Israelis Pour Into UAE for Business and Pleasure
UAE Indian diaspora may be a bridge between companies in India and Israel
From high-tech entrepreneurs seeking sales to tourists who want to experience the formerly forbidden, Israelis have been flooding into the United Arab Emirates to take advantage of new business and leisure opportunities.
Israeli-Emirati activity this week surged to one of its highest points since the August 13 announcement of the Abraham Accords that officially established relations between the two countries. Hundreds of Israelis came for GITEX Technology Week, the annual computer and electronics show and conference in Dubai. Others arrived to celebrate the Jewish holiday of Hanukkah, which starts Thursday at sundown, or to get away from Israel’s partial lockdown to prevent the spread of the coronavirus. Still others were there for cultural gatherings or academic training.
With so many tourists coming since flights began last month, the government-owned airline Flydubai is adding a third daily Tel Aviv-Dubai flight starting on December 10. The airline is the first from the UAE to offer direct flights between Israel’s Ben Gurion Airport and Dubai International. Up to 15,000 Israelis are expected to travel this month to Dubai, the UAE’s second-largest city, which has an easy e-visa process for passengers from the Jewish state. There is no quarantine for visitors.
Ofer Ronen, vice president of business development for Corsight, a facial-recognition business that is part of the Cortica autonomous artificial intelligence (AI) company, said he has been in talks with UAE police forces. He has been demonstrating Corsight’s complex facial-recognition system, which works from multiple angles, even through a mask. Corsight’s sister company, Fintica, which provides data analysis and analytics, was one of the first Israeli businesses to conclude a deal with the UAE after the signing of the Abraham Accords in September.
Ronen, who was at GITEX, told The Media Line: “There is a lot of interest in AI. The UAE is one of the only countries with a national program for AI, so there’s a really genuine approach to take this country forward and make it like a global case study into a smart city, from police to security.”
We have to be here and understand the business culture before we start to sell
Tal Bar Or, chief executive officer of Octopus artificial intelligence, is also in talks with UAE government entities about the company’s control-and-command platform that unites facial-recognition, video-management and other systems. The platform is being used in 28 countries including Singapore, the United States and Thailand.
There has been great interest in the platform in the Gulf region, he told The Media Line.
“First, we have to be here and understand the business culture before we start to sell,” Bar Or said. “We have unique tech offerings, but we need to bring value. The UAE especially is a very mature and sophisticated market, and they’re really looking for high-end solutions here.”
Academic collaboration is also blossoming, although sometimes via Zoom. Nir Tsuk is a professor of innovation at New York University’s Tel Aviv campus. He came to Dubai this week to offer innovation training for the Dubai chapter of the Young Presidents Organization, a non-profit group that connects business leaders. This is the start of a knowledge exchange that could also bridge cultural gaps with the UAE, where citizens of nearly 200 countries co-exist peacefully, he said.
“What we’re trying to do with these kinds of events is expose what’s happening in other parts of the world because innovation is a mindset, a new language, much like we went through when we became computer literate,” he explained.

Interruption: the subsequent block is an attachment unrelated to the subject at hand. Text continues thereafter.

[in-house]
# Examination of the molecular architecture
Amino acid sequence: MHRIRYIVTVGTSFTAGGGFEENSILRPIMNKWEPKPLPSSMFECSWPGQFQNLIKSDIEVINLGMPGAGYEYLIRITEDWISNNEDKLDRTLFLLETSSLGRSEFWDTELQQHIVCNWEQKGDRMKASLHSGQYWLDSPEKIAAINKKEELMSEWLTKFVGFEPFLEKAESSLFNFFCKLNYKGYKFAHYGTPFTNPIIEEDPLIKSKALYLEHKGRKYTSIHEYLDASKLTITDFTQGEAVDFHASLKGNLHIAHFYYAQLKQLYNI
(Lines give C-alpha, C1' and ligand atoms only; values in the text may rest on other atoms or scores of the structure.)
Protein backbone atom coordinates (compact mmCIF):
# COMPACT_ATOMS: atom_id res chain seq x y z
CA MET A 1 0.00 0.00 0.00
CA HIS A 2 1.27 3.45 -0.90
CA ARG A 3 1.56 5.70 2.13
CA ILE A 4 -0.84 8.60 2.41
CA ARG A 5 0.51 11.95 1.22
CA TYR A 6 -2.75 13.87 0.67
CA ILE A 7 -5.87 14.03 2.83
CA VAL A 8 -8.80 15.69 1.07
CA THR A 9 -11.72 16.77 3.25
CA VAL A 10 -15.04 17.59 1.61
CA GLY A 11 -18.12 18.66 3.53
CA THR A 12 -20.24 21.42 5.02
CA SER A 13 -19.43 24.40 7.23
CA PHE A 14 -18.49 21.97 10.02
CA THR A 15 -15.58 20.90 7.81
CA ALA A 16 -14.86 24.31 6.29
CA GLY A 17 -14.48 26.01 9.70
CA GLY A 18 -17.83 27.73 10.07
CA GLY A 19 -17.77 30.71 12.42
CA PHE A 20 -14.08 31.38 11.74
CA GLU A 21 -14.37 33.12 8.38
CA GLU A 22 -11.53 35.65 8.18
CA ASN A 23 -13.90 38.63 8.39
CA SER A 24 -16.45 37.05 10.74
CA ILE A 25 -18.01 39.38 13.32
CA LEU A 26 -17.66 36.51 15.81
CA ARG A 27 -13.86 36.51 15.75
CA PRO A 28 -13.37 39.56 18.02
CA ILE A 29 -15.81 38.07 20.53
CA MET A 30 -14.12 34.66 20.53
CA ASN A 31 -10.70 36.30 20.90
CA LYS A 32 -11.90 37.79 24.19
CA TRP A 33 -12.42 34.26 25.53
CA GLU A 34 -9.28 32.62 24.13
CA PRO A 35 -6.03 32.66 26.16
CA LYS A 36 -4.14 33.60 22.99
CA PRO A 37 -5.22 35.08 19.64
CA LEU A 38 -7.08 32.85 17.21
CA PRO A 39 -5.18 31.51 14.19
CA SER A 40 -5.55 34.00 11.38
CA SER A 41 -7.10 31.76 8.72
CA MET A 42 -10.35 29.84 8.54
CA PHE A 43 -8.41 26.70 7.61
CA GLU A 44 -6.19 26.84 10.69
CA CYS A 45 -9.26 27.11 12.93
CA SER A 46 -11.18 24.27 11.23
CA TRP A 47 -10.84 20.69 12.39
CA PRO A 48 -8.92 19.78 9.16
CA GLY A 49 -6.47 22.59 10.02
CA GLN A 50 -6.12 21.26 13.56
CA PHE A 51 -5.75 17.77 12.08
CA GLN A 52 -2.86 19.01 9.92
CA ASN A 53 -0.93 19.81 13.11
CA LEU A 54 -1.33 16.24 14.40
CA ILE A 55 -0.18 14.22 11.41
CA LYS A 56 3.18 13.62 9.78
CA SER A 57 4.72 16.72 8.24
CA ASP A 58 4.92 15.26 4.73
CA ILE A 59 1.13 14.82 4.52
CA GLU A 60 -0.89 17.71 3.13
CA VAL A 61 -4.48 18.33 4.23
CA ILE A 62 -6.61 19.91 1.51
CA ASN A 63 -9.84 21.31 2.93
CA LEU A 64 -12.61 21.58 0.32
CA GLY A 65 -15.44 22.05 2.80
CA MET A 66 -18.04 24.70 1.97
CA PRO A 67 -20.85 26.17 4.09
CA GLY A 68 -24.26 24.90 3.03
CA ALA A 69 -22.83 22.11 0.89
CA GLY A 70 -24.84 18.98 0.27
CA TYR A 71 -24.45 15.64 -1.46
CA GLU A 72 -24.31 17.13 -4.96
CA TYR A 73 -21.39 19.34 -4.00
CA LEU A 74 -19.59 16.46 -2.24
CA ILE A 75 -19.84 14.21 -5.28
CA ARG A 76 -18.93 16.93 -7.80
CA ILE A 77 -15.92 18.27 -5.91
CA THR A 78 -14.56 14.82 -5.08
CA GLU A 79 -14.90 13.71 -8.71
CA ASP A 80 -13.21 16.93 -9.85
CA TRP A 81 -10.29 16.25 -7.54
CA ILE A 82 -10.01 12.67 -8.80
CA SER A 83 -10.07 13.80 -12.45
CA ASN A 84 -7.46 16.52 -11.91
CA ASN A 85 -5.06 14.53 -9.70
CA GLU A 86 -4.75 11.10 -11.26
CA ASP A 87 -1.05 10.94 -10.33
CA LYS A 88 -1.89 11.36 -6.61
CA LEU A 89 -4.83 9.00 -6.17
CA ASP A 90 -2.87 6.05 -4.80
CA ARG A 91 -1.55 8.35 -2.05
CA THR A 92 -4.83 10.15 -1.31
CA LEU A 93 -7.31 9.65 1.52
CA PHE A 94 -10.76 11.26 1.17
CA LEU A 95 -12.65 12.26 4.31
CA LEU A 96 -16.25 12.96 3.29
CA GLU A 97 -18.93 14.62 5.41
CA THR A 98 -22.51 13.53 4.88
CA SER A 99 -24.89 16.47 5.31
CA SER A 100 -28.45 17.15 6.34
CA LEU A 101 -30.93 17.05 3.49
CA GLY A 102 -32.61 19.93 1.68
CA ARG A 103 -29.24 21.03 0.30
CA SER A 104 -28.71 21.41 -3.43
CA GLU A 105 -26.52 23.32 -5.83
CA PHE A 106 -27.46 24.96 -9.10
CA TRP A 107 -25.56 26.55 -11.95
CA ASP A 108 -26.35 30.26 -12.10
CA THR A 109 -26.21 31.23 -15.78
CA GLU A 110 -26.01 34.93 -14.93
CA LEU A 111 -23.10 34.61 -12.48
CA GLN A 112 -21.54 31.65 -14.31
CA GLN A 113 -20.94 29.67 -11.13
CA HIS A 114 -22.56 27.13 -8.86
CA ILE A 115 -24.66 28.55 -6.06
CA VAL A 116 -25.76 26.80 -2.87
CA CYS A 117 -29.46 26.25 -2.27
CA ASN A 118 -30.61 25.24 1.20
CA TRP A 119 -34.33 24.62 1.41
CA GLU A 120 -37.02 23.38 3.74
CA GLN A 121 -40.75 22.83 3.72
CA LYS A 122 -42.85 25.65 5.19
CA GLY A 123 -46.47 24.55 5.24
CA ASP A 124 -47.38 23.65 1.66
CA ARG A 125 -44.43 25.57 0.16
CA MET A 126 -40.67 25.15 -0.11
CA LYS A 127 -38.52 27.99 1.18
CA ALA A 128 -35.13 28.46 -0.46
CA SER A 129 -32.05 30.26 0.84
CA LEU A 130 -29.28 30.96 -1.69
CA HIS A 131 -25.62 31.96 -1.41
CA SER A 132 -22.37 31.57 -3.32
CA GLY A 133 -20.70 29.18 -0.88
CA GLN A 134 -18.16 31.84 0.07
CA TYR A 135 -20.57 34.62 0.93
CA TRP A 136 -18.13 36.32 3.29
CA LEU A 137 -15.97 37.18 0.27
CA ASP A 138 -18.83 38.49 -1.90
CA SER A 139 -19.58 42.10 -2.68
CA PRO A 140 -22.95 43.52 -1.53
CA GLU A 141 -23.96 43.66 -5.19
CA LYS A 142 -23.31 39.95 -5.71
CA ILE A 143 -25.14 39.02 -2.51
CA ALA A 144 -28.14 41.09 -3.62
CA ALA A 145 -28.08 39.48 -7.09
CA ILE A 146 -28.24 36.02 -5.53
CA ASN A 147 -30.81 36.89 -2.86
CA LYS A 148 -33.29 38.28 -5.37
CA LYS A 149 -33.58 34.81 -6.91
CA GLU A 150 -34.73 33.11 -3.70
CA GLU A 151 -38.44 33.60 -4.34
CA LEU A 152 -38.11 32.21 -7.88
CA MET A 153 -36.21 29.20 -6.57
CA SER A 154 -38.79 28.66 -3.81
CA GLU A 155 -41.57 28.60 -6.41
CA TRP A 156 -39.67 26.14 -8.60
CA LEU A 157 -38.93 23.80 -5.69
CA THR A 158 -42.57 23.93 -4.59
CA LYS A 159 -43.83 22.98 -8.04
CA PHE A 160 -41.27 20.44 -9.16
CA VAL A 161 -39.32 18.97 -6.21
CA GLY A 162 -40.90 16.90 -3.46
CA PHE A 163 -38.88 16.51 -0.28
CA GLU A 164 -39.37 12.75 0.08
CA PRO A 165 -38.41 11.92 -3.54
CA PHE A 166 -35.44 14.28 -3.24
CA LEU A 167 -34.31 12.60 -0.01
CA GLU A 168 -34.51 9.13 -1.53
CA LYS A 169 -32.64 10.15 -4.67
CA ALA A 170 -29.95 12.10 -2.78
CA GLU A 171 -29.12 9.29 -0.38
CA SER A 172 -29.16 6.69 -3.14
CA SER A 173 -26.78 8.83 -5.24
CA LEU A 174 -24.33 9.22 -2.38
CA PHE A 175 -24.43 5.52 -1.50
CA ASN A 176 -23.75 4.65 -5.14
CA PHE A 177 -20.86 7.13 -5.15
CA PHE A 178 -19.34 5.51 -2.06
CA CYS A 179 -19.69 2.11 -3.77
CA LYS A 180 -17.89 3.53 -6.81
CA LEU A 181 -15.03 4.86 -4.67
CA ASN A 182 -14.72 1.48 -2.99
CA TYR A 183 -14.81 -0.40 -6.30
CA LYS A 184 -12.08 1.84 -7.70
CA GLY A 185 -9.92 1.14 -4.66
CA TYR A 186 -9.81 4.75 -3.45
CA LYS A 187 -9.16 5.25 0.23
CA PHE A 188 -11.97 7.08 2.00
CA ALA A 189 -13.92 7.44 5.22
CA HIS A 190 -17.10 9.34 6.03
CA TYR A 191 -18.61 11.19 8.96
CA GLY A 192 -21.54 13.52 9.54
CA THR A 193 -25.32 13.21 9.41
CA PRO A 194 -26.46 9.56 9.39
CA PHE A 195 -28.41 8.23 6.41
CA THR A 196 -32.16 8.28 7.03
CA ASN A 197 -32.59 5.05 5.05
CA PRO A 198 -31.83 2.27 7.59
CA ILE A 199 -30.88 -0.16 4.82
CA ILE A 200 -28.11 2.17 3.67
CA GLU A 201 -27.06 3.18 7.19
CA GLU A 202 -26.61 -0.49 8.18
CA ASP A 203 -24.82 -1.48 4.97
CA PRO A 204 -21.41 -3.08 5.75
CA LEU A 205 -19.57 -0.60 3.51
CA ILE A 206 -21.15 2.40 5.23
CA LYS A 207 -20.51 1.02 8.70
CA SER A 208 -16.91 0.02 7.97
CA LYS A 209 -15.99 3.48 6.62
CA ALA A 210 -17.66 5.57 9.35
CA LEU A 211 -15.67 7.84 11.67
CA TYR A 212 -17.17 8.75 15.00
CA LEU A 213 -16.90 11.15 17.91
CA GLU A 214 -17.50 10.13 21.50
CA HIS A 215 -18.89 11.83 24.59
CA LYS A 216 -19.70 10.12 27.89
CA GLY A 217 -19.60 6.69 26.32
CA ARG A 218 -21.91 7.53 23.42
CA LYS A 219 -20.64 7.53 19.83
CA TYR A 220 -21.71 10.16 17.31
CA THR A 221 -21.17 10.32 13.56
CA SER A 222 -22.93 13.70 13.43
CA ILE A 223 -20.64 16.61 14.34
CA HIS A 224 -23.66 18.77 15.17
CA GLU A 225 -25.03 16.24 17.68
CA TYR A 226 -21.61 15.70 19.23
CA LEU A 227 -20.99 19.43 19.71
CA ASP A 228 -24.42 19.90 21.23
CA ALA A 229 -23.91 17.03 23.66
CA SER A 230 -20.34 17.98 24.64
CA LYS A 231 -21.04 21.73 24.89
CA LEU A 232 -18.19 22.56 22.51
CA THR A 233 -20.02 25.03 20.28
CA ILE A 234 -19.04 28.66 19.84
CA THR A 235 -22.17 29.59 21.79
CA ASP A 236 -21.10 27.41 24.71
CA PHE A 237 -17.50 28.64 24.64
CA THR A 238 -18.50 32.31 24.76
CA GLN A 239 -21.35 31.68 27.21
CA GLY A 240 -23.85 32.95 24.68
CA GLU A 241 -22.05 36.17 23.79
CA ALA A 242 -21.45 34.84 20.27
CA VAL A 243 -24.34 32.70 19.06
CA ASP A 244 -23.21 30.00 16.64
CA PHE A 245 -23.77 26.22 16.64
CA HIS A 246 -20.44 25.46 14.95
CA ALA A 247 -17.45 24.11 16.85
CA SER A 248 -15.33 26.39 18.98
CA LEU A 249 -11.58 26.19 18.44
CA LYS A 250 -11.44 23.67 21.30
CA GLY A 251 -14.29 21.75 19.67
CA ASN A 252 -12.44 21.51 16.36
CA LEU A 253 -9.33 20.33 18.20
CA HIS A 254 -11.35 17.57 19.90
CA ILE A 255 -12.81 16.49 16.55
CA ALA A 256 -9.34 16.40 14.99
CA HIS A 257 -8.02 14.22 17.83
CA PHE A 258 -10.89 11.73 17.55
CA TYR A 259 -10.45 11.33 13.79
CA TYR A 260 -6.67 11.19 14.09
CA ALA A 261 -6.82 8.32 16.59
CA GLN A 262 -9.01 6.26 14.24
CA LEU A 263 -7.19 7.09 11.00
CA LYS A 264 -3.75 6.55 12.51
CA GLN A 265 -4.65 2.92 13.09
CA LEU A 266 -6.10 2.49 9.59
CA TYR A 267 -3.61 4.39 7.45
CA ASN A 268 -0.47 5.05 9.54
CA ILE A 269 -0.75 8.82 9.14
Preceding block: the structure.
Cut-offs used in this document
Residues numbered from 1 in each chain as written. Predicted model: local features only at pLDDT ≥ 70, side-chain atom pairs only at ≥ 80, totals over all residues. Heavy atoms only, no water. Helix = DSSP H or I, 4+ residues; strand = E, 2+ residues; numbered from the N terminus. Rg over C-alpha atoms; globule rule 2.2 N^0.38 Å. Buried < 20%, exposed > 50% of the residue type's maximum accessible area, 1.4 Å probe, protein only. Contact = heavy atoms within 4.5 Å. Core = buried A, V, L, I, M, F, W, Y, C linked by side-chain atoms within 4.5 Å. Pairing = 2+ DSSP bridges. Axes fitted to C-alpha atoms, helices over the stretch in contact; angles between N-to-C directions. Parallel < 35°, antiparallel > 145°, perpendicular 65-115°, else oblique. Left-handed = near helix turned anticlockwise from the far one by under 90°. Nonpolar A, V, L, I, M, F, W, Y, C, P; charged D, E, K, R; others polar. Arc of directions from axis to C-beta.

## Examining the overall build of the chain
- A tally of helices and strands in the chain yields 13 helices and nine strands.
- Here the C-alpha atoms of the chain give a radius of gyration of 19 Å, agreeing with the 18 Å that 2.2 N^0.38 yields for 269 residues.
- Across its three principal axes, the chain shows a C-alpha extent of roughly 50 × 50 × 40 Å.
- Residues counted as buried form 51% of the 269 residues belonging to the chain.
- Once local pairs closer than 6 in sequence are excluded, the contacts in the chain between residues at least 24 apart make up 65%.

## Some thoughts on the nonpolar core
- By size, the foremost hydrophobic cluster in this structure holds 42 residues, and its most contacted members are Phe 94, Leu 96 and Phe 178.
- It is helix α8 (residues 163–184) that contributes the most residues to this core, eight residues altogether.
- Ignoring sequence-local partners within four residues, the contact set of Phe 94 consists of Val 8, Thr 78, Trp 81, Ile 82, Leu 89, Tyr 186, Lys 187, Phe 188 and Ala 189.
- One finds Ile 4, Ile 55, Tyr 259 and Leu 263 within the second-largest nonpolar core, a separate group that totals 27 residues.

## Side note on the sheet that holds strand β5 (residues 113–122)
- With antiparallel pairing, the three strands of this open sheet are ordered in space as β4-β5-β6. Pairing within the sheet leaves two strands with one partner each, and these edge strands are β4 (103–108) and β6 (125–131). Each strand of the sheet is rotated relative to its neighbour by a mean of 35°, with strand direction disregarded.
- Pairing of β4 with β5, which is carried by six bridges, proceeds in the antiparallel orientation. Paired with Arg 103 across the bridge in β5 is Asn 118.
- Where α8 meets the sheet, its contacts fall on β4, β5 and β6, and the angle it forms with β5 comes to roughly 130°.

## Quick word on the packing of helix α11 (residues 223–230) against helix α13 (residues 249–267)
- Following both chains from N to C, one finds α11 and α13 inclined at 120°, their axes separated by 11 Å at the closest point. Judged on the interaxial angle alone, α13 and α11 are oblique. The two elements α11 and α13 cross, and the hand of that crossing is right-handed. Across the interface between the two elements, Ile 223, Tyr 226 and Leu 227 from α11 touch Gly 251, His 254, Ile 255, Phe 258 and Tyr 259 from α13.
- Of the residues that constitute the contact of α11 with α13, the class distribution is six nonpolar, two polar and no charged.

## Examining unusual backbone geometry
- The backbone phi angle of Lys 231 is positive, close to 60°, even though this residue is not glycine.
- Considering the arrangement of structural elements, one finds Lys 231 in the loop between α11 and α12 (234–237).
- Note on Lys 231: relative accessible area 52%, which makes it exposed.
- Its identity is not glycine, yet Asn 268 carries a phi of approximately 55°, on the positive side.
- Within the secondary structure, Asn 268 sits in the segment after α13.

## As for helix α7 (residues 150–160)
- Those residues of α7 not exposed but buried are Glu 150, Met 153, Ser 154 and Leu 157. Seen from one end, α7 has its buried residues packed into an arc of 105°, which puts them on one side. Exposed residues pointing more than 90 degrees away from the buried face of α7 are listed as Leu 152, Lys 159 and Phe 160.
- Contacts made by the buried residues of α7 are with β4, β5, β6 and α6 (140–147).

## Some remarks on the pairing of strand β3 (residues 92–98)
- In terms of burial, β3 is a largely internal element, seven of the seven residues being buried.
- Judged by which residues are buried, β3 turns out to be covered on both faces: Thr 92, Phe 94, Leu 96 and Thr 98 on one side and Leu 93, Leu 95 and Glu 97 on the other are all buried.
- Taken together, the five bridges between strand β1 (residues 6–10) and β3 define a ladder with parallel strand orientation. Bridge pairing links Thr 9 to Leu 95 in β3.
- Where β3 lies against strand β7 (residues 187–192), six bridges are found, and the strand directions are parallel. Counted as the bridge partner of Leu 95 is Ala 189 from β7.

“What is acceptable in one country isn’t in another, for example in Japan, where the Japanese are taught tenets such as harmony and obedience. Their manifestation of innovation will look very different to the more risk-taking Israeli population. It’ll be very interesting to learn from here now, and take that out to other places, too,” he added.
We touched on how UAE and Israeli history is so similar. It’s really important to focus on these similarities and to show the students how much commonality there is from an academic point of view
Dr. Majid Al Sarrah, an Emirati public-policy specialist, joined students and professors from the University of Haifa this week for The Researchers Night webinar that brought academics together from around the world. He is one of many UAE-based Emirati and foreign academics looking forward to working with Israelis, he told The Media Line.
“The idea was for us to meet young people,” he said, allowing many students the chance to interact with people from the Gulf for the very first time. The group discussed the innovative history of the UAE, its rise from desert coastal town to modern-day metropolis, among other topics. “We touched on how UAE and Israeli history is so similar. It’s really important to focus on these similarities and to show the students how much commonality there is from an academic point of view.”
The roughly 9.5 million residents of the UAE include 2.6 million Indians, the largest non-Emirati group. Many of the world’s richest Indians call the UAE their second home, if not their first.
Merzi Sodawaterwala, chairperson of the International Federation of Indo-Israel Chambers of Commerce, has been preparing to open the international headquarters in the UAE.
“The idea is now to take this strong community of diaspora Indians to Israeli companies,” he told The Media Line. The UAE is situated between India and Israel, making it a meeting point for businesses on both sides.
“We’ll be facilitating business and investment opportunities in areas such as scientific research, IT, agricultural and food security, health care and med tech and sustainabilty; industries where there is a synergy among the three countries,” Sodawaterwala said.